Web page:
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Thursday, 11 May 1972
Page: 2485

Mr LYNCH (Flinders) (Minister for Labour and National Service) - T note that the honourable member for Sturt (Mr Foster) wishes to speak. I am not preempting his right to speak.

Mr Foster - Speak up; I cannot hear you.

Mr LYNCH - If the honourable gentleman were to remain silent for more than a few moments, perhaps he might have the opportunity of listening. Several points have been raised in relation to the application and meaning of this section. I believe that it is important to ' make it perfectly clear that this section is not designed to foreshadow any major change - I underline the words 'major change' - from the present legal composition of the level of presidential member. Rather, the Government in looking at this proposal believes that in making appointments to the position of presidential member it should not be restricted to those with legal experience on the simple basis that the Government did not believe - I say this without offence to any of the legal men in this chamber - that lawyers possess any total reservoir of human wisdom in the field of industrial jurisdiction. From time to time there may be such appointments but there is no suggestion of any radical change in the composition of the presidential members.

I also want to place on record, lest there be any misapprehension by any person in this chamber or any person who may have been listening to the debate, that the story related by the honourable member for Hindmarsh (Mr Clyde Cameron) was purely apocryphal. I will not repeat it now but I think it is important that that should be stated for the record. I also assure the honourable member for Moreton (Mr Killen) that in proposed section 7(1a.)(c) the phrase 'or some other field of study' should be read against the context of the 5 years' tertiary training or comparable educational standard. If it is read in that context it will be seen to be far narrower in interpretation than it may have appeared.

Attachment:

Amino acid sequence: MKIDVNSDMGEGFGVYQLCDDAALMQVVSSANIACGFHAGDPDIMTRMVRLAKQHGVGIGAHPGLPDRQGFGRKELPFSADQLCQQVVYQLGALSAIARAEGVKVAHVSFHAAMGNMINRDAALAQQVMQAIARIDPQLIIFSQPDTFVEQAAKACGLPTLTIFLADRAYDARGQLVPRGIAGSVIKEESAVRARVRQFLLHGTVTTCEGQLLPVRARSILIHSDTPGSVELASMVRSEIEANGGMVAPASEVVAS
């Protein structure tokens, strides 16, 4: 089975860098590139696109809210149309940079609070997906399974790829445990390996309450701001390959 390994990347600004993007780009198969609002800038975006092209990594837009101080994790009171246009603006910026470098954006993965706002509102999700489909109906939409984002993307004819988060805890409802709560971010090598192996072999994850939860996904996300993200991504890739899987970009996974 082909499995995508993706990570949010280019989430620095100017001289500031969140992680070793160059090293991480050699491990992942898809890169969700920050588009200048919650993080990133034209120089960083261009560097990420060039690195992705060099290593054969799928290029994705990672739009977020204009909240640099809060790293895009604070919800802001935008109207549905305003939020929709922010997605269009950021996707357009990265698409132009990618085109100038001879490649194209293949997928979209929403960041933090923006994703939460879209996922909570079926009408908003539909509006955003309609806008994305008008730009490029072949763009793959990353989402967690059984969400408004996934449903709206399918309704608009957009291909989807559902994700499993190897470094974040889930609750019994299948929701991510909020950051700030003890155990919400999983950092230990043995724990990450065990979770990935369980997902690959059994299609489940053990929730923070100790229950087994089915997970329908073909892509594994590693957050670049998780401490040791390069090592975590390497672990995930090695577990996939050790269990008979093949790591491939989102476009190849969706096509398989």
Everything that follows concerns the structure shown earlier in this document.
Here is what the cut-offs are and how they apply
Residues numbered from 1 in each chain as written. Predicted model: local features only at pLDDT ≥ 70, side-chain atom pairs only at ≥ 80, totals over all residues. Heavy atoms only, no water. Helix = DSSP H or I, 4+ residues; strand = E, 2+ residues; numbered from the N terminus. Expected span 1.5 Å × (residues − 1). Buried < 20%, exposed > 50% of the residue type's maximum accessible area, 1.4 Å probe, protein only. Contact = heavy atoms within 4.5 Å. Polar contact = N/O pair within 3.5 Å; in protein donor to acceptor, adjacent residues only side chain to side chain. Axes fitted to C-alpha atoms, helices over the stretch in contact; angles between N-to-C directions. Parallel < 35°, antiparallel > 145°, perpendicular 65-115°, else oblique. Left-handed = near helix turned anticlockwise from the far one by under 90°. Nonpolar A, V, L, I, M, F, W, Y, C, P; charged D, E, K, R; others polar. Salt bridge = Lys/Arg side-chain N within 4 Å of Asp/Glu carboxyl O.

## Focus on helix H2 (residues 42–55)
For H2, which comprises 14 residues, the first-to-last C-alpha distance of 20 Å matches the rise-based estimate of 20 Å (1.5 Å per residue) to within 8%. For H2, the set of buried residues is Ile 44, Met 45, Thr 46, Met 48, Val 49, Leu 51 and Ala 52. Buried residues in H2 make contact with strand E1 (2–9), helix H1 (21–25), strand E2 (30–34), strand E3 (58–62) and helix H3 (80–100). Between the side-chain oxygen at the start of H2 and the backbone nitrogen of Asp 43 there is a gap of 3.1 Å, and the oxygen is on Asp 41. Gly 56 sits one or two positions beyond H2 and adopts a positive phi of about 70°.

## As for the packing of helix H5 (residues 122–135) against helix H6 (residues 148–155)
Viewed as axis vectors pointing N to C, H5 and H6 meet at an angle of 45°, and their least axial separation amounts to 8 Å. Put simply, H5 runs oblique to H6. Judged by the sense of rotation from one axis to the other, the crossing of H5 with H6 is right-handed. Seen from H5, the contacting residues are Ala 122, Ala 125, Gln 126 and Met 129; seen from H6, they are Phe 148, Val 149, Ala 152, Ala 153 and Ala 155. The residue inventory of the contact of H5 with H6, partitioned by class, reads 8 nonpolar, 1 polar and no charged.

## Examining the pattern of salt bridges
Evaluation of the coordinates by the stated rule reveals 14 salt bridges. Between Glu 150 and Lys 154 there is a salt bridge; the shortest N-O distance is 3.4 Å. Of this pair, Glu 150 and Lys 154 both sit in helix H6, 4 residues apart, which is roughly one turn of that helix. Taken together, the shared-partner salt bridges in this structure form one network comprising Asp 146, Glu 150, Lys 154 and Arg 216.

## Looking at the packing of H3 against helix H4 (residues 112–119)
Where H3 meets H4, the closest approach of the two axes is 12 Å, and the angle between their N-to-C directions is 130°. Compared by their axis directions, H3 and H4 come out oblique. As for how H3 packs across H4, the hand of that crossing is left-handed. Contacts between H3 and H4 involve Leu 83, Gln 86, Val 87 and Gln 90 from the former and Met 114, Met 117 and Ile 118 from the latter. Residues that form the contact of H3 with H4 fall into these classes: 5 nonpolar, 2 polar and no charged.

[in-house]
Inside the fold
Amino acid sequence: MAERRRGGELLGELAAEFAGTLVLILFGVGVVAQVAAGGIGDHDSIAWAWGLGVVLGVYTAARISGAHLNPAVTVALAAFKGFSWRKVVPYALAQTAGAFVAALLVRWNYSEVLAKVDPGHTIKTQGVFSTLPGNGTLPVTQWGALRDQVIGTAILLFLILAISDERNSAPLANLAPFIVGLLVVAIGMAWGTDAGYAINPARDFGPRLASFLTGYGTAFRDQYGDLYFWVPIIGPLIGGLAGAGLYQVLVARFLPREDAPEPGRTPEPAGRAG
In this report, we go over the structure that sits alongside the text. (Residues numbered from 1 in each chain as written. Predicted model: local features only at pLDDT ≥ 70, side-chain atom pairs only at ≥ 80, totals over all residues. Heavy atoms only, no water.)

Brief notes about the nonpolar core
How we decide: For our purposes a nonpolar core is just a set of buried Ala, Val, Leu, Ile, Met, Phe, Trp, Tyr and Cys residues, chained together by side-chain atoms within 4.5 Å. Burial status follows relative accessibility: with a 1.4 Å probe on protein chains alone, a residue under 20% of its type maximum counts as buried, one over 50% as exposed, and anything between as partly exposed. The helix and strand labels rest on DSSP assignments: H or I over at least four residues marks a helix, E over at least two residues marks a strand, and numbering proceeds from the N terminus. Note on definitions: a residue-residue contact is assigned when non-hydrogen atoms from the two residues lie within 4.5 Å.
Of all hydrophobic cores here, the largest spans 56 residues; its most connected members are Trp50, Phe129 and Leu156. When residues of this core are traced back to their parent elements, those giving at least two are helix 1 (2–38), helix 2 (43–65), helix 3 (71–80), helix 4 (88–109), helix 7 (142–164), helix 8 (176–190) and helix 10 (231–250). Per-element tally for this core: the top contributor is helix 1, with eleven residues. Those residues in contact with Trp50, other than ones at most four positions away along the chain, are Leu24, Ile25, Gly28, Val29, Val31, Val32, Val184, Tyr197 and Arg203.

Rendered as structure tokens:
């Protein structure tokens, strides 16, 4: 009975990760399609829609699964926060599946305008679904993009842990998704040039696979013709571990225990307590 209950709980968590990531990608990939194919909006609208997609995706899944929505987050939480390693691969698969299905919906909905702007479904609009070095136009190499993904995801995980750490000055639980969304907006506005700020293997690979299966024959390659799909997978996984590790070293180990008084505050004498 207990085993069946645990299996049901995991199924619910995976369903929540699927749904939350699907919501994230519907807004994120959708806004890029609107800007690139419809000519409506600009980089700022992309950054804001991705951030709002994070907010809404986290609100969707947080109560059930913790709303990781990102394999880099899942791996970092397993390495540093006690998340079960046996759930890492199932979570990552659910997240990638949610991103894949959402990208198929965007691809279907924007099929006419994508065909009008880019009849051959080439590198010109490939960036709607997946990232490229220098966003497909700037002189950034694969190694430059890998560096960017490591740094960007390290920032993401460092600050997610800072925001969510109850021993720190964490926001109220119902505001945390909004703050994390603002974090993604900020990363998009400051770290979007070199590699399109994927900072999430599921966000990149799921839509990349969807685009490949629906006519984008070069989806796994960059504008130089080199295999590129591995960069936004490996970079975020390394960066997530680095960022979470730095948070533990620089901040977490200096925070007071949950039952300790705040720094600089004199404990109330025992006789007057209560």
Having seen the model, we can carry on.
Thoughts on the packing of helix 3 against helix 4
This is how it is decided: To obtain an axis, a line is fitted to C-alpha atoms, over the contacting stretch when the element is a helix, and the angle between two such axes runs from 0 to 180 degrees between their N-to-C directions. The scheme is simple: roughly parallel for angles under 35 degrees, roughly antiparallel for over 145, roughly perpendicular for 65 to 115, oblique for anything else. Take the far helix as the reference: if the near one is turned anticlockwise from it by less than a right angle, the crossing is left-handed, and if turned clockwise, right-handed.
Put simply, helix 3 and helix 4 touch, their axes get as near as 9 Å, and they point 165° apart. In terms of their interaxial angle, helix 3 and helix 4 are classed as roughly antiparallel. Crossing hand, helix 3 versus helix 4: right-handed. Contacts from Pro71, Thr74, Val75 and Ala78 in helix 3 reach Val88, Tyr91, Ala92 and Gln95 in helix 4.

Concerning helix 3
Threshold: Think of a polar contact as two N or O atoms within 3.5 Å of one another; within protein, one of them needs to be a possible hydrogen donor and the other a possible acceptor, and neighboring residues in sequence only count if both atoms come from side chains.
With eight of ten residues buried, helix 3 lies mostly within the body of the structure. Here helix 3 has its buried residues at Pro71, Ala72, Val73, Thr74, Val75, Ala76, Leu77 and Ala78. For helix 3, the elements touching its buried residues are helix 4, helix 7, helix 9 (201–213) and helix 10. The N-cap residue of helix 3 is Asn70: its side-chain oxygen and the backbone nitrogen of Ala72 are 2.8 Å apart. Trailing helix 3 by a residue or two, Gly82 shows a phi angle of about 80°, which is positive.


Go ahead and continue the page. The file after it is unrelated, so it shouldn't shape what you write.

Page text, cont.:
I could not quite understand the point raised by the honourable member for Burke (Mr Keith Johnson) because, after all, this section deals with Deputy Presidents and I would have thought that the honourable member was talking almost solely about the position of conciliators or of conciliation commissioners under the new terms of the Bill. If I have misinterpreted the comments that he made I would of course be happy to explain the provision in some detail. In relation to the point raised by the honourable member for Corio (Mr Scholes) the phrase "standing in the Australian community' is, I think, selfevident. I would be very surprised if the honourable gentleman cannot understand that phrase because the position of Deputy President is one of some considerable responsibility in the Australian community. If one refers to a position of standing, one is referring to the .person's position in the community - to a person of repute and of capacity and one who is well and favourably known throughout the community. Frankly, I would have thought that that phrase would not have required any elaborate amplification. I think my comments have covered the various points which have been raised by honourable members.

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